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Directory Home> Bali Art and Culture> Bali Architecture
 
BALINESE ARCHITECTURE - TRADITIONAL HOUSE
 
Joke aside, this Balinese concern with harmony has undoubtedly contributed to the creation of a genuinely modern, yet "indigenous" type of tourism architecture. Most of the hotels of Nusa Dua will go down in history as landmarks of post-traditional architecture.
More affluent now, the Balinese pull down old buildings to replace them with new ones whenever they can. Instead of the airy traditional family compound with its central yard and open living quarters under verandahs, more often than not there are now cramped rows of buildings of an indefinable style. Things are -still worse with large structures. When the Balinese repair temples, gates and village halls, they often pull down invaluable architectural treasures and replace them with similar concrete structures. The tripartite structure might have been kept intact, and thus be in accordance with the vaunted "Tri Hita Karana", but the damage is done.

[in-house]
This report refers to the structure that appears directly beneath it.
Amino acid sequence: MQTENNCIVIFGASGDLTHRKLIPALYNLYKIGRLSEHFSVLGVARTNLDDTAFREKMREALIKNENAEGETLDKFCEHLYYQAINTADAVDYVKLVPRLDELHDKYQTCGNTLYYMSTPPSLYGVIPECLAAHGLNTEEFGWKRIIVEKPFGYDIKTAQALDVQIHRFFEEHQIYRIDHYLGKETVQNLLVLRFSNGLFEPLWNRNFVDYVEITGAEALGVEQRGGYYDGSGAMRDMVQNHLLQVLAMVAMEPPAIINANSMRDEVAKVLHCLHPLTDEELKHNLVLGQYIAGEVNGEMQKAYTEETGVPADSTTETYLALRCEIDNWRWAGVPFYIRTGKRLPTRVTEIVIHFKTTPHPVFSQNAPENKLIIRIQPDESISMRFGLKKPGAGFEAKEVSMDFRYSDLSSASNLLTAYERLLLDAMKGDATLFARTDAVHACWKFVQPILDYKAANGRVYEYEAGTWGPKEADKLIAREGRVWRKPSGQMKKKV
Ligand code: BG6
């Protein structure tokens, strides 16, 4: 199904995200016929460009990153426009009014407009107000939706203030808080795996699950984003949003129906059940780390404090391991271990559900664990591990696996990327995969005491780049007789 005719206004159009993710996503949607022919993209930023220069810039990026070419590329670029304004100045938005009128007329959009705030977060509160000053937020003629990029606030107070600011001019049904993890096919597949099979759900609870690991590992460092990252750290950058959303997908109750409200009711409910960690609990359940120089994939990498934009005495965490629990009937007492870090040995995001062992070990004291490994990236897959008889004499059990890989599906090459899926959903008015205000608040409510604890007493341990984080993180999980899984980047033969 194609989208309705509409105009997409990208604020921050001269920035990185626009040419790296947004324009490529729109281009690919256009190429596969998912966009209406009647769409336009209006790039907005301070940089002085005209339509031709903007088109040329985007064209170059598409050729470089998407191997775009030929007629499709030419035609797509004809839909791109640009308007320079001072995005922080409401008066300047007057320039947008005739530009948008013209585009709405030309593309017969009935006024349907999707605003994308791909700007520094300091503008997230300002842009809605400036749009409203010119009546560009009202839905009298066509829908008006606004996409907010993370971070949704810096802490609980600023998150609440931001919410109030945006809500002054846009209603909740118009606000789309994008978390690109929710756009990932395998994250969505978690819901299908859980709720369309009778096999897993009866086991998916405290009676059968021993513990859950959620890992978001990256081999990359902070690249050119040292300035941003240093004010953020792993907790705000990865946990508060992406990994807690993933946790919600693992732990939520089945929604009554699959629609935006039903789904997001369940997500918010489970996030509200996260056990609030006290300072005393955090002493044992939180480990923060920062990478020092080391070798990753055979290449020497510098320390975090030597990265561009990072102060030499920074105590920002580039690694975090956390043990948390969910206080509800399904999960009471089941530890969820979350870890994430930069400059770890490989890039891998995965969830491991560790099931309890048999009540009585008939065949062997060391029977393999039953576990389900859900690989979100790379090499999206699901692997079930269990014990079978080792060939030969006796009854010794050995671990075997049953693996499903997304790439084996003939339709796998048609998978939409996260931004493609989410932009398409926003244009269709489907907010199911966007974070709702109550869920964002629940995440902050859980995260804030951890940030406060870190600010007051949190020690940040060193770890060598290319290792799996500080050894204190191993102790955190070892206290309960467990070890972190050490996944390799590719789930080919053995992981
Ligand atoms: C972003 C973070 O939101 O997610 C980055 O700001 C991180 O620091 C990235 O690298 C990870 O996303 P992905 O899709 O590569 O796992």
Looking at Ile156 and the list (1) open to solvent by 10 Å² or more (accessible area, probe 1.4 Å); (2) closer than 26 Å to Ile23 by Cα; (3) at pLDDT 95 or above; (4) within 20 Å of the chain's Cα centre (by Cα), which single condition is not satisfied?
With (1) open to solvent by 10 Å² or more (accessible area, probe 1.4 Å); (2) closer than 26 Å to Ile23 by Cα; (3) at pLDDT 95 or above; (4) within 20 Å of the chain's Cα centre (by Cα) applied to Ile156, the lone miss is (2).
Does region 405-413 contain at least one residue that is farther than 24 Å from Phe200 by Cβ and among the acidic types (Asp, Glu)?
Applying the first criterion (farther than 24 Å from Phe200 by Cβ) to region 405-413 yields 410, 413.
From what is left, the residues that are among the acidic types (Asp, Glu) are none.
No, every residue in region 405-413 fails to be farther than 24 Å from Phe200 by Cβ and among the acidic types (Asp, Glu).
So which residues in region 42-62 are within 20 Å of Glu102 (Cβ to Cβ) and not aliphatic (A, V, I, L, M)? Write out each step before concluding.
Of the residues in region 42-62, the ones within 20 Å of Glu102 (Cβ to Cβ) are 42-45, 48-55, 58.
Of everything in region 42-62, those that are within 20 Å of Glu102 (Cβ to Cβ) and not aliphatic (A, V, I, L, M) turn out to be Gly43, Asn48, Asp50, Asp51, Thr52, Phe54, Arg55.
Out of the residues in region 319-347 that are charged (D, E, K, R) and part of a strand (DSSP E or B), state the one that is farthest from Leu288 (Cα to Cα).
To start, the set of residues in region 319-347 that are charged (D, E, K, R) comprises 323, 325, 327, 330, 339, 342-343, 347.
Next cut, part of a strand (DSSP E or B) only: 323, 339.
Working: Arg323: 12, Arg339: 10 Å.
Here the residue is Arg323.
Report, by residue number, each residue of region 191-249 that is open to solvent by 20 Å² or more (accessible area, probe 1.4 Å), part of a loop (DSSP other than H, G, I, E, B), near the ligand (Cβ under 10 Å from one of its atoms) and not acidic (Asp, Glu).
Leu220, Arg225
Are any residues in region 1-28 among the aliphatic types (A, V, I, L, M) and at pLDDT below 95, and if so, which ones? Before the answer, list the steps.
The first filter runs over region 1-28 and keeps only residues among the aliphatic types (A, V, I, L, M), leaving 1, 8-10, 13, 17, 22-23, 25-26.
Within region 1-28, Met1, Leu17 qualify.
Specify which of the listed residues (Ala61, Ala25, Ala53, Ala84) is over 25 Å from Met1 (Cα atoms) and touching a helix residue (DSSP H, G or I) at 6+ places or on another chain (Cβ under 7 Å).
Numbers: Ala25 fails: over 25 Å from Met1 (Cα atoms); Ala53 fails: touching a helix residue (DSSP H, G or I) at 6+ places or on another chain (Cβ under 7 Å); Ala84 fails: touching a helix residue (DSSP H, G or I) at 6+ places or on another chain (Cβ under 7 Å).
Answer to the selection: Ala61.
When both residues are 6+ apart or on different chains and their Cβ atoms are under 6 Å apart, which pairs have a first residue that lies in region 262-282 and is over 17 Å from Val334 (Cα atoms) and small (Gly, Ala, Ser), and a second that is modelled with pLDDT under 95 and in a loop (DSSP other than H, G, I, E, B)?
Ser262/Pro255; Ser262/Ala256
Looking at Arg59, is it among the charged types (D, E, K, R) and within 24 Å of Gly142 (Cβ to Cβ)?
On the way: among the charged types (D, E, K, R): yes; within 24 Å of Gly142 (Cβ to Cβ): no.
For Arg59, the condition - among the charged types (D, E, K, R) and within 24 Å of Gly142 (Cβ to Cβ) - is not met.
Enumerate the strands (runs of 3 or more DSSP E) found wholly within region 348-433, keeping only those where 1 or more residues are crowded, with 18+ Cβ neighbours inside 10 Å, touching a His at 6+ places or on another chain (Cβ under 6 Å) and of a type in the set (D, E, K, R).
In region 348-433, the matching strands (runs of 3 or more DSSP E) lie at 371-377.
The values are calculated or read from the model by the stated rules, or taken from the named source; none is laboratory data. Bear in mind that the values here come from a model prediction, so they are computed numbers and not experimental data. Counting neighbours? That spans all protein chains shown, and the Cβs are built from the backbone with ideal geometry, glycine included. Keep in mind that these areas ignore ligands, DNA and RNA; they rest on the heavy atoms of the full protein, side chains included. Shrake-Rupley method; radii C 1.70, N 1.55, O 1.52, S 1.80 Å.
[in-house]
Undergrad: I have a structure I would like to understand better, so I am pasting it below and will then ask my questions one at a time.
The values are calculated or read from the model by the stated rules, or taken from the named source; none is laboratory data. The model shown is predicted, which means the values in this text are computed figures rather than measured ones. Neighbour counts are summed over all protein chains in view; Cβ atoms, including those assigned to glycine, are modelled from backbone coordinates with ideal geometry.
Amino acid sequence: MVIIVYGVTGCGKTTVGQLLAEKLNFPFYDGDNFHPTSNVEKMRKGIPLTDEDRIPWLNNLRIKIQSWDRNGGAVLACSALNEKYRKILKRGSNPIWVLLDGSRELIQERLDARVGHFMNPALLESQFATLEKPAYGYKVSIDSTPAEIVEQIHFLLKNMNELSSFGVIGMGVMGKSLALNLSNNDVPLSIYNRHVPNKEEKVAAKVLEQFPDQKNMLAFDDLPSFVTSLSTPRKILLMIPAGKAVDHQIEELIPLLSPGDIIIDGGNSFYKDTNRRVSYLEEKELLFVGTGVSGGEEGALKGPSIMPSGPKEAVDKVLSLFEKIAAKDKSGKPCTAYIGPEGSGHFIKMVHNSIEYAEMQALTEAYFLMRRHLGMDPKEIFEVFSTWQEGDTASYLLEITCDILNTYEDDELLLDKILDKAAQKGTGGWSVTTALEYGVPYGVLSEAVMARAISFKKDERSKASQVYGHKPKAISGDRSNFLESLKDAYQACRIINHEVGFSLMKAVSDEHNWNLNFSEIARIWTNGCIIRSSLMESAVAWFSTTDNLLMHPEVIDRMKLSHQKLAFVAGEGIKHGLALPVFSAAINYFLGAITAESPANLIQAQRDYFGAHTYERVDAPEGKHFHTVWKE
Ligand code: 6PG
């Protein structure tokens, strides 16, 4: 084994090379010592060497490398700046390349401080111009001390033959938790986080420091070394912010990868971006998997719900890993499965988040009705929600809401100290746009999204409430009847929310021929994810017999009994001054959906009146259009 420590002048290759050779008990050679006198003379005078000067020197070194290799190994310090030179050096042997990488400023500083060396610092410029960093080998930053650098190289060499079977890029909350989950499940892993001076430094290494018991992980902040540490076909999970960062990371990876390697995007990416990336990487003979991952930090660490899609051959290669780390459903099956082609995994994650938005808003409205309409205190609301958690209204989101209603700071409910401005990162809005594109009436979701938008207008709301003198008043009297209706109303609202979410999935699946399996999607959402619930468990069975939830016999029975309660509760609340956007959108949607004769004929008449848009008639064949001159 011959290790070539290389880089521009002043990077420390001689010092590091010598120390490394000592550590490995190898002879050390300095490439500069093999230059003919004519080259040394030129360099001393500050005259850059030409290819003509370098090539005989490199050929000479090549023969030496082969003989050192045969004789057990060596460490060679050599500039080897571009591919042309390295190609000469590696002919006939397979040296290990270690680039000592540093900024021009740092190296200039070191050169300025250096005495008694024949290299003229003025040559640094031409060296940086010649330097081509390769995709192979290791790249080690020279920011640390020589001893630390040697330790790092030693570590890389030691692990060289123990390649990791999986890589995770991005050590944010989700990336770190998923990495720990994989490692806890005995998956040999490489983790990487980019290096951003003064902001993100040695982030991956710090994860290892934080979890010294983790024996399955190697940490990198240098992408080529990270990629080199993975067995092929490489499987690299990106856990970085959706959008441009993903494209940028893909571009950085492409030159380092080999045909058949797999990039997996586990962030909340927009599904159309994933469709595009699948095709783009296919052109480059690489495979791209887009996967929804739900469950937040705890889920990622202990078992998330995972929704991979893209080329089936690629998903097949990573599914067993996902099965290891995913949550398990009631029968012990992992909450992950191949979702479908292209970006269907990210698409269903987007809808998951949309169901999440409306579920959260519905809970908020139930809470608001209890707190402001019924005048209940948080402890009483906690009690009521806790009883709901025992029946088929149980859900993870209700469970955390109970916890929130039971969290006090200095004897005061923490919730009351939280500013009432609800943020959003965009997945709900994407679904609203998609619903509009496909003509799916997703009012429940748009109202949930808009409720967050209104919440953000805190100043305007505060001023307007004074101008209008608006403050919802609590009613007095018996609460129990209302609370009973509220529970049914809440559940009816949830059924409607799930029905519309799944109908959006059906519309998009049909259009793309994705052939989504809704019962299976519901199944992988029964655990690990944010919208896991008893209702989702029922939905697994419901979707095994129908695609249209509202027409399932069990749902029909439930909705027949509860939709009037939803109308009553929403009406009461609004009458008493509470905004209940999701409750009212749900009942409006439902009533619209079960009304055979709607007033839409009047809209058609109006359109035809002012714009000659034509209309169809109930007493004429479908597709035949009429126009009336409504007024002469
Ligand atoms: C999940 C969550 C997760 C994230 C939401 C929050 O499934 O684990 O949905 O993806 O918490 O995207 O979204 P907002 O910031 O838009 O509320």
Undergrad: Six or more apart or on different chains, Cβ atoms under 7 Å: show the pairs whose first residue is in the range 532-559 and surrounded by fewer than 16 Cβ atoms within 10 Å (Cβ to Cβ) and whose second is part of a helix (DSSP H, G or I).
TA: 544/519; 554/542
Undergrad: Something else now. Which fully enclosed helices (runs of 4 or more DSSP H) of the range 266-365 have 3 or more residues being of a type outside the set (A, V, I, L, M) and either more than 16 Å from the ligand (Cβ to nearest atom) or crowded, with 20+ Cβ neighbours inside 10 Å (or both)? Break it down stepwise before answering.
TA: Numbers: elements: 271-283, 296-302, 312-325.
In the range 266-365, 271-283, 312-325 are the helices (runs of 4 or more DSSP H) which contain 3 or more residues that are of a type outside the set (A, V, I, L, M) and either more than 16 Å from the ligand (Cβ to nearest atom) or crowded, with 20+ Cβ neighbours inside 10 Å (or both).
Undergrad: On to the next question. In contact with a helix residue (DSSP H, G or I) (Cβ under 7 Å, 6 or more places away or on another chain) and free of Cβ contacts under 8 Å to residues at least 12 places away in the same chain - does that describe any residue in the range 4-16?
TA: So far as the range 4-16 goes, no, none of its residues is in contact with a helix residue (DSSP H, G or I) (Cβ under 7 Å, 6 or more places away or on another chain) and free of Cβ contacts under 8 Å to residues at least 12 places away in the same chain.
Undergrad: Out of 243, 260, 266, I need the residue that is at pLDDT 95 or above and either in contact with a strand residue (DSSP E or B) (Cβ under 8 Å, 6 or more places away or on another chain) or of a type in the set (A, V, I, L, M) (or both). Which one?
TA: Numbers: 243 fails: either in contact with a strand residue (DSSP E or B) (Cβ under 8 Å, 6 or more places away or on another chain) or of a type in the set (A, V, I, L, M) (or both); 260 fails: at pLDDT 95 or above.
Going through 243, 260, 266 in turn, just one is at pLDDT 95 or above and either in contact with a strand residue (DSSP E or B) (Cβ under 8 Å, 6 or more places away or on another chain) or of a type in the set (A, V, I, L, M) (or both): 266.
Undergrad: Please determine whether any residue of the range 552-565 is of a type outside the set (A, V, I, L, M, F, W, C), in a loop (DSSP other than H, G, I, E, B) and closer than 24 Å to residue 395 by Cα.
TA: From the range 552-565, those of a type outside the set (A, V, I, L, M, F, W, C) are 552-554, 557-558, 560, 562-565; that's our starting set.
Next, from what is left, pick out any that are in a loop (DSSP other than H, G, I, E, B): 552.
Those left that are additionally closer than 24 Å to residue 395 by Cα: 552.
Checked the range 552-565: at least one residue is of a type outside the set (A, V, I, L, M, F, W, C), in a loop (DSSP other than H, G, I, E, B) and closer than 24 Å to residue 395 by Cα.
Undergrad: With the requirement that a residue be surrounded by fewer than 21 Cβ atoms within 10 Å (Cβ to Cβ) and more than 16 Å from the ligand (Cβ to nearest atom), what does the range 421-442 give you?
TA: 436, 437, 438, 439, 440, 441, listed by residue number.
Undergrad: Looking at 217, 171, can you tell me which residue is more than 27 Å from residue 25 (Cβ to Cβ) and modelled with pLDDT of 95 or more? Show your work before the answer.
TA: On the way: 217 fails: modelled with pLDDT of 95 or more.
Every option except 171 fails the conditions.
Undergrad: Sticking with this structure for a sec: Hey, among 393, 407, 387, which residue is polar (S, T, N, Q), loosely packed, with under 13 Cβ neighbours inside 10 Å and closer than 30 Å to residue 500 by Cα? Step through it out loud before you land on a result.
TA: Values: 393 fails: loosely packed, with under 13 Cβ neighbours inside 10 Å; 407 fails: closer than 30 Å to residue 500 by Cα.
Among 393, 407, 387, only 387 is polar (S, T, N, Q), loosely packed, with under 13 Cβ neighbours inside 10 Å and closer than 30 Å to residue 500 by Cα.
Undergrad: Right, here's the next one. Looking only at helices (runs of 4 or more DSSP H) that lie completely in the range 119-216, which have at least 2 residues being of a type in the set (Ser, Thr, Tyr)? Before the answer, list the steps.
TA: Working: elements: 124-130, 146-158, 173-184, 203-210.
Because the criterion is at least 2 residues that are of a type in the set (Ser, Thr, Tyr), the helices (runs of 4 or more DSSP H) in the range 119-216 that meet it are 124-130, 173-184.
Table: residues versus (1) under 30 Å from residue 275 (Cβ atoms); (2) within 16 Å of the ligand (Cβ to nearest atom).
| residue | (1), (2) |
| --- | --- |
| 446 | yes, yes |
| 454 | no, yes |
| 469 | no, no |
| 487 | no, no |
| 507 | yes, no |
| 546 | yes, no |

The main obstacles to the conservation of the architectural heritage are cultural. Not only does the "Tri Hita Karana " ideology ignore conservation, but it also, tends to soothe the minds of the Balinese. Being repeatedly told, mantra-like, that their culture is based on the principle of harmony, many Balinese refuse to even consider that this harmony is threatened. Very few are really aware of the need to preserve their architectural heritage. Accustomed to seeing themselves through the eyes of others (the tourists) they often insist on the observation of dance, which is going to change anyway, but pay little attention to architecture, which normally has a much longer life-span.

Other obstacles to architectural conservation are social. Houses are privately owned, and temples are owned and ruled collectively by congregations whose members like the cheap statues and shrines of Gianyar style because they are official. Furthermore, they feel they own their temples and that no one should interfere. Imposing a conservation policy on these groups is risky and requires, time. When, for example, the Indonesian government and UNESCO tried several years ago to protect "Mother Temple" of Besakih, most Balinese protested as they saw it as a threat to their religious liberties. A good intention was misunderstood, perhaps for lack of information.
 
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